A fresh situation ruled a month later at Indy. The track is bumpy, with three kinds of pavement, one described by Brammo electric-bike racer Eric Bostrom as “like a mall floor.” Slippery and yet, Bridgestone notes, very abrasive. Asked in the pre-race press conference about the surface, Marquez, a two-time Moto2 winner at Indy, said, “I enjoy it.” Not so for Pedrosa, who prefers to keep his wheels in line. And a particular problem for Lorenzo, whose big-line, corner-speed style is edge-grip based. I asked five-time 500cc World Champion Mick Doohan about this 13 years ago. He said corner speed is faster as long as grip holds up, but when it “goes off,” you must revert to the Kenny Roberts point-and-shoot style, which spends less time at high lean angle.
During a Gasoline Alley garage talk, Yamaha Tech 3 rider Cal Crutchlow told me, “I came from Superbike, so I tried to ride the M1 that way. You can’t ride it like that. It won’t do it.”
That put Lorenzo in a box. Unable to use what Crutchlow called “Honda’s V-shaped line,” Lorenzo would play the corner-speed card—on a “mall floor.” Meanwhile, Marquez lowered the qualifying lap record.
Lorenzo and Yamaha have perfected their starts—a necessity against “Rocket Pedrosa.” Lorenzo left ’em for dead, taking a half-second lead off the grid. Did Marquez intentionally take it easy, waiting for Lorenzo’s tire drop? Although Lorenzo led, lap after lap, that was the biggest gap he’d have. At Lap 11, he experienced “the worst tire drop I have had,” adding some tenths to his lap time. Marquez, having passed teammate Pedrosa four laps earlier, eased past Lorenzo on Lap 12. Then, he set a race lap record on Lap 18.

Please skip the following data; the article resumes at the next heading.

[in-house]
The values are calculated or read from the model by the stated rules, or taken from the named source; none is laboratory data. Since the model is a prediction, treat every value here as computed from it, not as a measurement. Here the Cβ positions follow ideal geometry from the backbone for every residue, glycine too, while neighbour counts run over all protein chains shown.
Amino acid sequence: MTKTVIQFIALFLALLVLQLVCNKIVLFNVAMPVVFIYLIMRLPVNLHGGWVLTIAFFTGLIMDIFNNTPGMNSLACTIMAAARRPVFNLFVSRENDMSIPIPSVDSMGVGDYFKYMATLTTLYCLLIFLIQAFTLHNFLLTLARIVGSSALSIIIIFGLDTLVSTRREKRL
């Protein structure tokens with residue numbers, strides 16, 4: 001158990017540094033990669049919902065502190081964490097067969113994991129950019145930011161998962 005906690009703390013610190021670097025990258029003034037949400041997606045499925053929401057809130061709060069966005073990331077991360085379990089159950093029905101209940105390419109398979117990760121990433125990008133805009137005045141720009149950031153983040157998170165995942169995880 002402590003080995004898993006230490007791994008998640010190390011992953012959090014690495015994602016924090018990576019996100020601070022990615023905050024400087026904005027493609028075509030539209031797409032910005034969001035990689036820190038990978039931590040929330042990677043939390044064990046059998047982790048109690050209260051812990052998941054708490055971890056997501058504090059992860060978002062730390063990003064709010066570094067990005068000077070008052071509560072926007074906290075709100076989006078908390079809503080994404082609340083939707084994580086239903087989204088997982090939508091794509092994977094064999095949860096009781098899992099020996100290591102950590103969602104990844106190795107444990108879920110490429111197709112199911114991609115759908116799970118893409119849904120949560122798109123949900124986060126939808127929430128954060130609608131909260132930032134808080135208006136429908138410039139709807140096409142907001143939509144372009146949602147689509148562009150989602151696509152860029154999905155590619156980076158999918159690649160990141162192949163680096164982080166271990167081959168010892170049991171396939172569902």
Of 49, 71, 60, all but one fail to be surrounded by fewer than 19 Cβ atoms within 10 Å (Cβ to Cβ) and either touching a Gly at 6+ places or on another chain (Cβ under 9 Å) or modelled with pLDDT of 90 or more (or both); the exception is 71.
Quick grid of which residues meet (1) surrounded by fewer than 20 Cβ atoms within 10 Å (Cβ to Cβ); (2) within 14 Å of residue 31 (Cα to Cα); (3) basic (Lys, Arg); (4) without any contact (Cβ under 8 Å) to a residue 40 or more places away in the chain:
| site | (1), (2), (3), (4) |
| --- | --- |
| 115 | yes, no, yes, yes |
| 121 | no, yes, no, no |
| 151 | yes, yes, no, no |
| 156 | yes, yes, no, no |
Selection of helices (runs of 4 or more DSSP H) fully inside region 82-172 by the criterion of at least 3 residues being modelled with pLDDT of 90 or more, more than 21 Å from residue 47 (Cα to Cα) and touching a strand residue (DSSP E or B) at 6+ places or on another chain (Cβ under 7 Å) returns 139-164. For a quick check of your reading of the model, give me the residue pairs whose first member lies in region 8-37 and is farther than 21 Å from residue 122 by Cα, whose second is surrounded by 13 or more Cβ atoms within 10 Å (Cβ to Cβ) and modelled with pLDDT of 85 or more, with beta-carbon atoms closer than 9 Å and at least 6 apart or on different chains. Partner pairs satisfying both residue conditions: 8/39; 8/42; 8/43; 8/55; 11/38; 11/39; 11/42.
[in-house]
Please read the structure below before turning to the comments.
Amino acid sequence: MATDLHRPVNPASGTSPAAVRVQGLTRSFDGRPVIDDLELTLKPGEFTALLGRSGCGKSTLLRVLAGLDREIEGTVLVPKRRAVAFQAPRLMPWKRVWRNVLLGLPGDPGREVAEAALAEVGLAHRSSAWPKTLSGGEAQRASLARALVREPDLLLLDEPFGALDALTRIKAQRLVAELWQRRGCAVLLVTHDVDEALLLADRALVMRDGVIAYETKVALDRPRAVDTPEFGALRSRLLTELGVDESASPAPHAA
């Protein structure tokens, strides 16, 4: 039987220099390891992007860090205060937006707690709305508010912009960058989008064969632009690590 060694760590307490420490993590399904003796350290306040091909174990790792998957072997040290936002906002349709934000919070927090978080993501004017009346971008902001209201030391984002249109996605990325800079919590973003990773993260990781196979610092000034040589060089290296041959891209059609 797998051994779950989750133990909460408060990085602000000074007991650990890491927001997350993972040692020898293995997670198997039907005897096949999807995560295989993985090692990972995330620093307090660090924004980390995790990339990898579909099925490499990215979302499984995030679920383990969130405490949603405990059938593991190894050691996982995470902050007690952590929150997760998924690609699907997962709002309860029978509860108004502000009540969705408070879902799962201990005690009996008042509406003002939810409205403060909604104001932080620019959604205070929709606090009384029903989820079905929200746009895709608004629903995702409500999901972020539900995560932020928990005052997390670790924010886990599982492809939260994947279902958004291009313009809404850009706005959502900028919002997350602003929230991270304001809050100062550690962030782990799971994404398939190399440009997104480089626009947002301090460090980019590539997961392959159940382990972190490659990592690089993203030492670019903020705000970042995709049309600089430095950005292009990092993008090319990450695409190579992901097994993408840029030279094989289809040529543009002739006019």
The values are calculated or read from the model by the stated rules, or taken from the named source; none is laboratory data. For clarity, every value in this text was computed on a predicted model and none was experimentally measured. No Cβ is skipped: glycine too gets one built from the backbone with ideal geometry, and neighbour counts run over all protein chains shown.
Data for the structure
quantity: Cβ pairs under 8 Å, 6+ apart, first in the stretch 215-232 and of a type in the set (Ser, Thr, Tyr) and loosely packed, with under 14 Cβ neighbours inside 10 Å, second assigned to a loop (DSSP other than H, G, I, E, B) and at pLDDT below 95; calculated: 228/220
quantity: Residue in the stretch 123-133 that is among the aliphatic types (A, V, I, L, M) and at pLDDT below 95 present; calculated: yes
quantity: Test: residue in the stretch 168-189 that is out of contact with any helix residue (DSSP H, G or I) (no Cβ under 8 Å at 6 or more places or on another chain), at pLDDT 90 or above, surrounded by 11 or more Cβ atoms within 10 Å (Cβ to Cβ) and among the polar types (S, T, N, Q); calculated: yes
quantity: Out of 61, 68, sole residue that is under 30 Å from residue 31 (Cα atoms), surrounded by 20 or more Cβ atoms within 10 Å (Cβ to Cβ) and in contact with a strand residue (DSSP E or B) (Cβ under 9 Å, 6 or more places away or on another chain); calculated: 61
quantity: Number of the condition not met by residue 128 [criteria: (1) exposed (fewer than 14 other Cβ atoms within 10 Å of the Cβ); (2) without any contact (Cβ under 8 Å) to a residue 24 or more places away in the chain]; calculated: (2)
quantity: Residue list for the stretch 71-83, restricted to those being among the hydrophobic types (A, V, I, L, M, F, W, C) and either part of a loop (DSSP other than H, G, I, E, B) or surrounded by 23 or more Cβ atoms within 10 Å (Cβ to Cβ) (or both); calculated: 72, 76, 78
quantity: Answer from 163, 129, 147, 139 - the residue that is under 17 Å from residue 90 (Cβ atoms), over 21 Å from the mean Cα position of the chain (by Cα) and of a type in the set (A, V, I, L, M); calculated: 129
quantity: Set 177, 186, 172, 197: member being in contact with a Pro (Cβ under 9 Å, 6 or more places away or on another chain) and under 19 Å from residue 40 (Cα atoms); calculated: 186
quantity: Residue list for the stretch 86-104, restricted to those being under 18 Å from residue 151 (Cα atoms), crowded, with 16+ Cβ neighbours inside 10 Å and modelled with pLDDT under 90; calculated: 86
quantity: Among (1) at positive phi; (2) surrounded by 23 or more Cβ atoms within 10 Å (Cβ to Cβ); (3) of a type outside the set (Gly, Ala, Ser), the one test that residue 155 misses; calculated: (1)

Asked after the race if his and Marquez’s lines conflicted, Lorenzo said no, and that after the pass, he had gone quicker again. There it was on the lap chart. Did Lorenzo just push harder? Not likely, considering his 99 percent style. Or might he have “taken profit from” a version of the V-shaped line?
At present, the Hondas seem to have a magical ability to “squat down and shoot out of the corner,” as Rossi’s engineer Jeremy Burgess put it at CoTA. This might connect to something being much discussed now: the dynamics of how, in mid-corner, weight is transferred off the front wheel (moments before carrying 99 percent of the weight during braking) and onto the rear wheel (moments later to be carrying 99 percent of the weight in acceleration). A bike that does this quickly and well will be fast, “shooting out of corners.” One that encounters problems in the process, well, that sounds a lot like Ducati’s current critical lack of mid-corner grip. Could that be why veteran engineer Warren Willing is now wearing a red uniform?
The big question all weekend was the future of MotoGP at Indianapolis, as another Asian nation needs a date (expanding markets beckon!). On Saturday, a series insider told me, “Up until now, Dorna CEO Carmelo Ezpeleta and IMS have been like this.” He held up his two hands, back to back, facing away from each other. “Now, they are like this.” He turned his hands palm to palm.
The Indianapolis Grand Prix will continue. The reason? Indianapolis has global reach from a rich, 104-year history, something that neither CoTA nor Laguna Seca yet has. Dorna needs that marketing power in the U.S., and it needs more strong American riders to bring fans to its U.S. rounds. That, in turn, requires a strong and competitive domestic championship, as Spain, with its latest product, Marc Marquez, has shown in spades.